Nostrand Avenue

Mervyn Taylor

Nostrand runs all the way from one
end of Brooklyn to the other, where
going with a girl into the Windjammer,
my friend met his wife coming out.

Round midnight the Kings County
crew gets off at Clarkson, speaking
of being so tired, of early retirement
and which handsome doctor they’d

like to take home, once the house
in Toco’s finished, and the old bones
hold up. They know every scar, every
bullet that goes off in East New York.

Nobody knows why the young man
who got on at Eastern Parkway cried
and cried until he got off at Empire.
Mother dead, father dead, who dead?

Now where Nostrand intersects with
Fulton, down from where the crowd
crossed between Terrace and Fightback
on Saturday nights, the hipsters sit,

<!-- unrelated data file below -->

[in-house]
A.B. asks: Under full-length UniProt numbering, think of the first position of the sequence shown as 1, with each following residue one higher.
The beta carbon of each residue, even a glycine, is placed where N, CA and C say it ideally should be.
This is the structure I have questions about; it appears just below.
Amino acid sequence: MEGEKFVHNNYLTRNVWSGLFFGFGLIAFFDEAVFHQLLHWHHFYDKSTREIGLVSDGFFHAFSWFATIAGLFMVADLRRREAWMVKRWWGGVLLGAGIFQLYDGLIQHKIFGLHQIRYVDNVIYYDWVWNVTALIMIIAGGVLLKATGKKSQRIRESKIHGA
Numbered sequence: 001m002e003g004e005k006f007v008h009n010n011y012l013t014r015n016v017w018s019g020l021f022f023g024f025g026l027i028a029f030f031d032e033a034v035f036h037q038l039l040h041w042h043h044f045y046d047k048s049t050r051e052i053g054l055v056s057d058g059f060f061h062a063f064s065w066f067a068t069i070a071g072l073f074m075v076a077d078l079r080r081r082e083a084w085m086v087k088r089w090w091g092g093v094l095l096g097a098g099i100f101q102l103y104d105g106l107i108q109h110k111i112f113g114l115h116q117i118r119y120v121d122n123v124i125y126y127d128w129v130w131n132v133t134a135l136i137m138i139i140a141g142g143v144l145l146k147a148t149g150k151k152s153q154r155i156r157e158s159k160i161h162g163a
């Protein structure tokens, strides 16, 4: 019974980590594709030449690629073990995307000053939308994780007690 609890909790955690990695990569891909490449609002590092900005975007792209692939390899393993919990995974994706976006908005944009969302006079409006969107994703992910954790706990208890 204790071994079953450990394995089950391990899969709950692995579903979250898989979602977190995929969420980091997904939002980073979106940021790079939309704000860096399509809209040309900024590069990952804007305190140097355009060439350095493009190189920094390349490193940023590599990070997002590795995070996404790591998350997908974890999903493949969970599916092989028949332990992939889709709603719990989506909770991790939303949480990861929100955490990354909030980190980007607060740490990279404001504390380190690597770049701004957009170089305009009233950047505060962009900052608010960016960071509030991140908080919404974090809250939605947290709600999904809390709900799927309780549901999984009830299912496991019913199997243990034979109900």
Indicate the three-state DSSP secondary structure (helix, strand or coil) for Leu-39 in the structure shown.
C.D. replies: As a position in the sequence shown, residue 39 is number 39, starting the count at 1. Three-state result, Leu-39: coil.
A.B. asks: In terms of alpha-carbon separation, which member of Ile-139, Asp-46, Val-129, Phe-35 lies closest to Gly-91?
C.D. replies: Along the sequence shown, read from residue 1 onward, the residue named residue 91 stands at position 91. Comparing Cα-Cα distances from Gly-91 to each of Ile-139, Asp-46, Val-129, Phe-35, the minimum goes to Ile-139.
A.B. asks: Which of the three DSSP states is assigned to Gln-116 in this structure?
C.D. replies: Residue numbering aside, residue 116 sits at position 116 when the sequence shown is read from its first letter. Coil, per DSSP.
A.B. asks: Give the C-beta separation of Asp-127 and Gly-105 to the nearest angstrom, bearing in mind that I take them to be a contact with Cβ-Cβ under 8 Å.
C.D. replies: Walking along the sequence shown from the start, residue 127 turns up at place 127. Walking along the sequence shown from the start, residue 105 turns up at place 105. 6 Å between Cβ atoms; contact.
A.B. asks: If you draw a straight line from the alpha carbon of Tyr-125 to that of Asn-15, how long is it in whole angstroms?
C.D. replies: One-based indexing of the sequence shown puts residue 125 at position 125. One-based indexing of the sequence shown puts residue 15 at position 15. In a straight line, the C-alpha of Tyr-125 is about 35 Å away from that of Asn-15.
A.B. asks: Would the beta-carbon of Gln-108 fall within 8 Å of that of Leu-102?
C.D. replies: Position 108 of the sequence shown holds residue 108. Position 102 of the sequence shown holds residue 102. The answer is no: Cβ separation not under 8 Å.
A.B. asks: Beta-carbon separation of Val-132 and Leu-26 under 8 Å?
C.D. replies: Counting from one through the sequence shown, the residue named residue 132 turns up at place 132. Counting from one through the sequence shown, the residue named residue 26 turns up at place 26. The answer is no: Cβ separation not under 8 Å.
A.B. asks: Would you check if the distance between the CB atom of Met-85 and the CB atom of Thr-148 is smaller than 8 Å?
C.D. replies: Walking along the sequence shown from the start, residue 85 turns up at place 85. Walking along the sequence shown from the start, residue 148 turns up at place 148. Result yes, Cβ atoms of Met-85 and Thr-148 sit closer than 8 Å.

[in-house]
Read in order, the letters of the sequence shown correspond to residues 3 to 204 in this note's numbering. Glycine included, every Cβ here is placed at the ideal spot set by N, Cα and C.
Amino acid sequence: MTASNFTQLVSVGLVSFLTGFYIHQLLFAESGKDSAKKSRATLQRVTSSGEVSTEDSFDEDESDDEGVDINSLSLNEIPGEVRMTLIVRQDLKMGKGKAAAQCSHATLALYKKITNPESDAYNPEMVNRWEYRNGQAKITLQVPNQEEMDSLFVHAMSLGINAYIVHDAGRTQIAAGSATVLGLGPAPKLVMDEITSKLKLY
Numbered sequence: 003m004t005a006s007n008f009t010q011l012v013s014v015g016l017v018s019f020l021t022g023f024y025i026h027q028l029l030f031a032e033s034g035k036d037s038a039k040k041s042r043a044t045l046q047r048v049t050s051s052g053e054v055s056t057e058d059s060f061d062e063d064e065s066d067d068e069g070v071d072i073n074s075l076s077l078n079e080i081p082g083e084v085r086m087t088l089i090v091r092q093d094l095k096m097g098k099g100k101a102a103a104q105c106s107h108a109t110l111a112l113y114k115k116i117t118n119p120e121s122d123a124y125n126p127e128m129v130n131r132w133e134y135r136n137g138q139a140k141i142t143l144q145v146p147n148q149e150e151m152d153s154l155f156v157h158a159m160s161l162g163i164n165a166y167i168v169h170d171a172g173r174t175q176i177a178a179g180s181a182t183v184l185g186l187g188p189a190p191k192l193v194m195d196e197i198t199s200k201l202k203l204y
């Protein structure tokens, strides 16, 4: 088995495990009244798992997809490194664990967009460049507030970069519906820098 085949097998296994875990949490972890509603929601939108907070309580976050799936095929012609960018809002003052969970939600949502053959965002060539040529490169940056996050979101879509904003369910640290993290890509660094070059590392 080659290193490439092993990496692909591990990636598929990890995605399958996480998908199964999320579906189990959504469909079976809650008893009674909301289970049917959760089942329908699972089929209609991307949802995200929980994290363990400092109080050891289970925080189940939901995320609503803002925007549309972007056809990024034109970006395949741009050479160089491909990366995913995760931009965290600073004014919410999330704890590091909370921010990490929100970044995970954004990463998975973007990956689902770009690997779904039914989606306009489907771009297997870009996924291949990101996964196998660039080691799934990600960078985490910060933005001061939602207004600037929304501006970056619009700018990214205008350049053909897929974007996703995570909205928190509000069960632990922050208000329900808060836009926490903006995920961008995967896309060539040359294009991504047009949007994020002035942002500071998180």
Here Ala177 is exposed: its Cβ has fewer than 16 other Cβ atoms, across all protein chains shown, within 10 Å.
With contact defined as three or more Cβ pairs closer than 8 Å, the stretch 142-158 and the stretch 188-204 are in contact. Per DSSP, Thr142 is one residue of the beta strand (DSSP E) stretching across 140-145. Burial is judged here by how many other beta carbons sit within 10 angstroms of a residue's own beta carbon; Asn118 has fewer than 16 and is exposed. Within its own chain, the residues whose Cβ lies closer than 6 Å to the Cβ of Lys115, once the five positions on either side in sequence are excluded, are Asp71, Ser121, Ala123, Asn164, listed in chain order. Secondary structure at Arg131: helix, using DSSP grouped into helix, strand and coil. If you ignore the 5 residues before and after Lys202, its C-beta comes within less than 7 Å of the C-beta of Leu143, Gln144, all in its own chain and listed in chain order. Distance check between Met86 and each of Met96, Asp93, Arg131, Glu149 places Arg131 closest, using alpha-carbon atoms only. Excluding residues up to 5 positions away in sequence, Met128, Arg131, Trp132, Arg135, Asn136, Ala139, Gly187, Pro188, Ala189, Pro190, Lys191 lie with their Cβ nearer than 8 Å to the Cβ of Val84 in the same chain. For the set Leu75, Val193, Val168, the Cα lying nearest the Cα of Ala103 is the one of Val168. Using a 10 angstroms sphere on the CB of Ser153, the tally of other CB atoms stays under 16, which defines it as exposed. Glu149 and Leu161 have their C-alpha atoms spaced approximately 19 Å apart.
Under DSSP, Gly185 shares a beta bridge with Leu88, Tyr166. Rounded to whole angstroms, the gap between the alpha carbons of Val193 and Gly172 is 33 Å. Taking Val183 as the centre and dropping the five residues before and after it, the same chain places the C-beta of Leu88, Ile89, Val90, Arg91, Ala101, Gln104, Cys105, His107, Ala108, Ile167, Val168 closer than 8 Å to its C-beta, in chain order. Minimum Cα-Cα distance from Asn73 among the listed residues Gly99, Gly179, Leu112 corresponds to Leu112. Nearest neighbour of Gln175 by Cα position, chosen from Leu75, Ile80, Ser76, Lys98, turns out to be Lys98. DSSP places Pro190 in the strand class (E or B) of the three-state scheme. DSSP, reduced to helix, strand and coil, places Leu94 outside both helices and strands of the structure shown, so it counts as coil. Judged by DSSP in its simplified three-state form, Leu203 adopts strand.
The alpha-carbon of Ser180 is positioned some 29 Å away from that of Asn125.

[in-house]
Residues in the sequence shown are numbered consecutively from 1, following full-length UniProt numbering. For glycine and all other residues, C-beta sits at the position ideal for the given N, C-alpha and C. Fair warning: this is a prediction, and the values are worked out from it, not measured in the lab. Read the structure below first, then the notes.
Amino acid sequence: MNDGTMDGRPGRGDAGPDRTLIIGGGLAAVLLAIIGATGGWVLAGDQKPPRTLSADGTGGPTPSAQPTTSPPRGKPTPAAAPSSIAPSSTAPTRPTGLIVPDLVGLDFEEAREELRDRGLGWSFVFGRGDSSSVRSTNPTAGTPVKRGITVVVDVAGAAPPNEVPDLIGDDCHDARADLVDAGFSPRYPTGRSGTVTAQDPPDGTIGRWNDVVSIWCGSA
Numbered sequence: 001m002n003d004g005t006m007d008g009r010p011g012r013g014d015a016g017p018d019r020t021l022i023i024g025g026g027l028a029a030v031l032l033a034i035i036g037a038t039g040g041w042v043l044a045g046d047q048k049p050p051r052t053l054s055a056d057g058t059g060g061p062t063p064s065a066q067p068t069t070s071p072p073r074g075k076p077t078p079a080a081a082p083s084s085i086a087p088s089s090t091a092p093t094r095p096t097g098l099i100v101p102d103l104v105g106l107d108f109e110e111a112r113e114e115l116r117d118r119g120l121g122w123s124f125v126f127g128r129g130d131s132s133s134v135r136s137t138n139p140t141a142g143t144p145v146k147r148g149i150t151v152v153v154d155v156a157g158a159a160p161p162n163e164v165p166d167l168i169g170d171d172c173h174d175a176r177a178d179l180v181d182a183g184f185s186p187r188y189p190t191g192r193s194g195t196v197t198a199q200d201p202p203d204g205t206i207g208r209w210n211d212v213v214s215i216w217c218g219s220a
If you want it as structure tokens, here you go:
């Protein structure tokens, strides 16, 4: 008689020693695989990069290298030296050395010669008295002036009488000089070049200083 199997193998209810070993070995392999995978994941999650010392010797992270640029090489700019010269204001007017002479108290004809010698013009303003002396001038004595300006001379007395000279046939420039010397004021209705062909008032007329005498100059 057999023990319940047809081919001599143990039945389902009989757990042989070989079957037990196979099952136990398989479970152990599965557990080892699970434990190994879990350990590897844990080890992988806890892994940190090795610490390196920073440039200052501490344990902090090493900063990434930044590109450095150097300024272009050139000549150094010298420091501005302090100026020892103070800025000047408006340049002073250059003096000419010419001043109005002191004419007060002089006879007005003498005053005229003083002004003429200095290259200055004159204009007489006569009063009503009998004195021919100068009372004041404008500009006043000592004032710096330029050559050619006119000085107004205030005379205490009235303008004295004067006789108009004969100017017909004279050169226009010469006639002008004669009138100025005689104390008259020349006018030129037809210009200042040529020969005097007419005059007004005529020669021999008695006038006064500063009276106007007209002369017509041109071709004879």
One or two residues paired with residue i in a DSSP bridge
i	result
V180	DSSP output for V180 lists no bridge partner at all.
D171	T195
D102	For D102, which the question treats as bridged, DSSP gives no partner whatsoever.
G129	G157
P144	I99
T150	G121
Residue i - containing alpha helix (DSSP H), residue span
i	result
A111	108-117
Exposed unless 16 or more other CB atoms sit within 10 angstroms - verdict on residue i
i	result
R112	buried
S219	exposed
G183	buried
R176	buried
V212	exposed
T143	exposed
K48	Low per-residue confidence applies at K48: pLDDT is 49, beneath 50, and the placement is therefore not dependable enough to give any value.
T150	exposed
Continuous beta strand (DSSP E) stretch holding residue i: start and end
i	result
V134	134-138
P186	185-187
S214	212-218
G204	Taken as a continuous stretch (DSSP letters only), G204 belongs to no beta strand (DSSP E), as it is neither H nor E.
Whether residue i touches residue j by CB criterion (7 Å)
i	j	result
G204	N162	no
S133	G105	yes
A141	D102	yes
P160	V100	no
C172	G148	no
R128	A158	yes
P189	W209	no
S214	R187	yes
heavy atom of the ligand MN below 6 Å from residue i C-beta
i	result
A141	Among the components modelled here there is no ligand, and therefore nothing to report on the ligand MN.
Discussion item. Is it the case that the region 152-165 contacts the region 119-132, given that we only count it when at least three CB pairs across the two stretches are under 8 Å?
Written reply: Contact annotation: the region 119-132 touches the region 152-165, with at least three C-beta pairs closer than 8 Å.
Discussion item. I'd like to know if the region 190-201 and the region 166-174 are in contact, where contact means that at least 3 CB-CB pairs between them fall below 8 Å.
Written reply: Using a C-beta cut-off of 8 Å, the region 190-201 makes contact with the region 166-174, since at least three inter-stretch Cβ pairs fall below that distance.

eating roti and drinking lattes. Upstairs
on Franklin, Evelyn’s mural has faded,
the bald proprietor gone, his parts
scattered all over the island. Preacher

closed his barbershop, where once
you could get anything, from suits
to shoes, and went back to Marabella,
moving into the old house his mother

left him, declaring war on the squatters.
He hardly recognized Suzy, who vanished
the night they danced in Frontrunners,
and he ran out on the avenue, looking. 

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